Rhoda, Mary, Maude and the Movement

I come from the generation nobody ever bothered to name or as I often put it—too young for Stonewall, too old to tweet.

[OK, so I just got on Twitter this week, but to be honest I have no idea how to navigate the Twittisphere and I’m a bit ambivalent about the whole venture. And yes, for those persnickety types, I know that some demographers insist I’m part of something called Generation X, but I reject being lumped in with kids born when I was already driving—and most importantly they’ve only watched Rhoda, Mary and Maude on Me TV in reruns.]

This is not an ode to coming of age in the late 70s and early 80s, it’s not like I had any say in the whole matter. It’s that a key cultural touchstone of all Americans for some decades has been TV and the shows of that era reflected the influence of the women’s movement. Maude had an abortion and talked openly about it; Rhoda and Mary actually worked, like most women do, and didn’t have oodles of hours (and money) to sit around sipping cocktails in the evenings, but grabbed a cup of joe on the way to the office or snagged a quick sandwich together during their lunch breaks.

Most tellingly, their lives didn’t revolve around dating and men and how to “fix” their bodies, hair, faces, etc. The central themes were about their self-fulfillment and relationships with an ensemble of people—often in their workplaces and families. And the men were usually grappling with how to cope with shifting social and cultural realities as a result of the gains of the women’s movement.

In an era of shifting racial attitudes, they tepidly introduced Black characters and tried, however haltingly, to deal with racism. In other words, they had quality writing, acting and social relevance.

I got to thinking about all this after reading today’s obit for Harold Gould, who played Rhoda’s dapper father and in later years, dated Betty White’s ditzy character on Golden Girls. A breakthrough show itself in that it revolved around “women of a certain age”—a theme never before or since highlighted on primetime TV. Women are supposed to politely drift off screen by 45 or so never to be heard from again, except as a walk-on role as someone’s mother.

The point is that the crapification of most—not all—of  today’s TV is usually explained in terms of supply and demand. Network executives explain that if people weren’t watching the Real Housewives of Self-Absorbed Richville or whatever, then they wouldn’t produce them. But aside from the fact that these shows cost virtually nothing to put on because there are no writers and actors, the content of so much TV is a reflection of the whittling away of the gains and momentum of the social movements of the sixties and seventies.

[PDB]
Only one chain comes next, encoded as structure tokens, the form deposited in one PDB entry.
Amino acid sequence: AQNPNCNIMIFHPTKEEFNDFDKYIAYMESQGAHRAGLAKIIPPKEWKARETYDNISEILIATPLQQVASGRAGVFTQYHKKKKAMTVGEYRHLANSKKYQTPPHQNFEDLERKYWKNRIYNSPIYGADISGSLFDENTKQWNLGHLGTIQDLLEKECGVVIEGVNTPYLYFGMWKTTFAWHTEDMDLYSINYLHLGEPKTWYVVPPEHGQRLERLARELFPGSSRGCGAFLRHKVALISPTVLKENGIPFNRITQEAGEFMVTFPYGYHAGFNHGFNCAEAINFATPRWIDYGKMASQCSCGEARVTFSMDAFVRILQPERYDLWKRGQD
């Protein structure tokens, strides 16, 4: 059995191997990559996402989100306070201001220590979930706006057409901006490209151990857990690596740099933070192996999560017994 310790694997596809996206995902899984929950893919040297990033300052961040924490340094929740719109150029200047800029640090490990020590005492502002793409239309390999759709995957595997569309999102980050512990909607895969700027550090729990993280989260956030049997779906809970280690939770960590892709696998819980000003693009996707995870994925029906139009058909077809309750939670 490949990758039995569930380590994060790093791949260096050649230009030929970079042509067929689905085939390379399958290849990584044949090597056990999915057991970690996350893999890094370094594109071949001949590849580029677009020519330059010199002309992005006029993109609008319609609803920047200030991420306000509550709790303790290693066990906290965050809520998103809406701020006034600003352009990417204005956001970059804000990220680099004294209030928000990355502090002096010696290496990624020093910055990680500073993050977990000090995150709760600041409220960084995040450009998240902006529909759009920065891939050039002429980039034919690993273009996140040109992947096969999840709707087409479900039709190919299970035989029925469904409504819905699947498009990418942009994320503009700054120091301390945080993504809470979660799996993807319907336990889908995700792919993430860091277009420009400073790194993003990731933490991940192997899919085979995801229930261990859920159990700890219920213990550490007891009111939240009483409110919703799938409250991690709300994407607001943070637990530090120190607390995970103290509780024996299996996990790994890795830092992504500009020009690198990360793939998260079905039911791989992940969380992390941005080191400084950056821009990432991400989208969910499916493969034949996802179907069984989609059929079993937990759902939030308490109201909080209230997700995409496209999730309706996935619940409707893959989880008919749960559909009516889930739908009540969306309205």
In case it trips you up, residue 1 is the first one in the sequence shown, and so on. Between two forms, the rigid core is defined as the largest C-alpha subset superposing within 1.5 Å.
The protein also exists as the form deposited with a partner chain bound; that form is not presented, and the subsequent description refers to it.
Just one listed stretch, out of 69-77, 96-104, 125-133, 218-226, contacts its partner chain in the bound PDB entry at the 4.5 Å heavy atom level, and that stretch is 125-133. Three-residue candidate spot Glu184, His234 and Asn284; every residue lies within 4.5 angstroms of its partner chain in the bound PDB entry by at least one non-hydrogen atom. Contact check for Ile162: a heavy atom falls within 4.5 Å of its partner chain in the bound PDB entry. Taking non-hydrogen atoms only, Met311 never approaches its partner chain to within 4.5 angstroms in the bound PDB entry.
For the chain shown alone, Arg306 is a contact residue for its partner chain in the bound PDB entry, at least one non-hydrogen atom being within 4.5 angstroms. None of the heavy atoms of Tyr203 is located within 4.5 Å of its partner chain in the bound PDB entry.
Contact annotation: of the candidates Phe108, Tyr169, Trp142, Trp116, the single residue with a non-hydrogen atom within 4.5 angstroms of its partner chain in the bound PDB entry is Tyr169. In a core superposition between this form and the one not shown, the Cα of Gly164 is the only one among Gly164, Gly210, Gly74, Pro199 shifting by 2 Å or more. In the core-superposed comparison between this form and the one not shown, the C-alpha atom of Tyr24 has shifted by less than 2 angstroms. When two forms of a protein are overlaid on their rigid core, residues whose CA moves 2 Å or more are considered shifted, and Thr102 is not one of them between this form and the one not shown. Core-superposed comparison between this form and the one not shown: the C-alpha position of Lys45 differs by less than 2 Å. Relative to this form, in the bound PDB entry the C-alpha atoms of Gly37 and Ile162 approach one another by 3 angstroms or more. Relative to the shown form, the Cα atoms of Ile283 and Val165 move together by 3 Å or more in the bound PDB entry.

It’s hardly as simple as build the movement and  TV shows will improve. But the connection seems undeniable.

Come check out my talk on What is Socialism this Thursday, Sept. 16, 7:30PM, Columbia University, Hamilton Hall, 1 train to 116th St.

Sherry Wolf is a public speaker, writer and activist who is available to speak at your campus, community center or union hall for a moderate fee. Wolf is the author of Sexuality and Socialism: History, Politics and Theory of LGBT Liberation (Haymarket Books, named one of theProgressive’s “Favorite Books of 2009”). Contact Sherry at: sherrywolf2000 at yahoo.com or find her on Facebook. Check out the video of Sherry speaking with Cleve Jones and the cast of Hair at the National Equality March.

5 responses to “Rhoda, Mary, Maude and the Movement

  1. excellent. I wondered as I read your piece about ‘Alice’. That was the show I watched the most over the other three (a function of my age). But it never made the re-run circuit, so haven’t watched it with adult eyes. A widow who moves out west to make her singing career, but the car breaks down outside Phoenix and she ends up working a roadside diner. The tail end of Mary, Rhoda and Maude? or the start of a turning point back to crap? I really do forget. But come on: how can you go wrong with Linda Lavin, Polly Holliday and Beth Howland!

    • Another great show and an insightful point about Alice marking the turning point to crap. It drives me bananas these days that nobody, except for cops and doctors, ever actually performs work on TV.

  2. @Sherry: And the work portrayed on TV is always sensationalized, too. At least as far as doctors are concerned, it gives people unrealistic expectations and undermines the years of sacrifice, red tape navigation, and endless paperwork that we have to deal with every day. Where is the episode where the brilliant, handsome doctor can’t give a person life-saving treatment because they didn’t have insurance? I guess that would be a downer. How can us regular schmucks compare to Dr. House? No wonder there is a stereotype of doctors having adventures every day, curing everything, and making a zillion dollars doing it.

  3. The crapification of TV is truly something to behold, & I think there is definitely a connection between the ideology the ruling class wants to push (or is forced to cede by social & workers movements), and popular TV.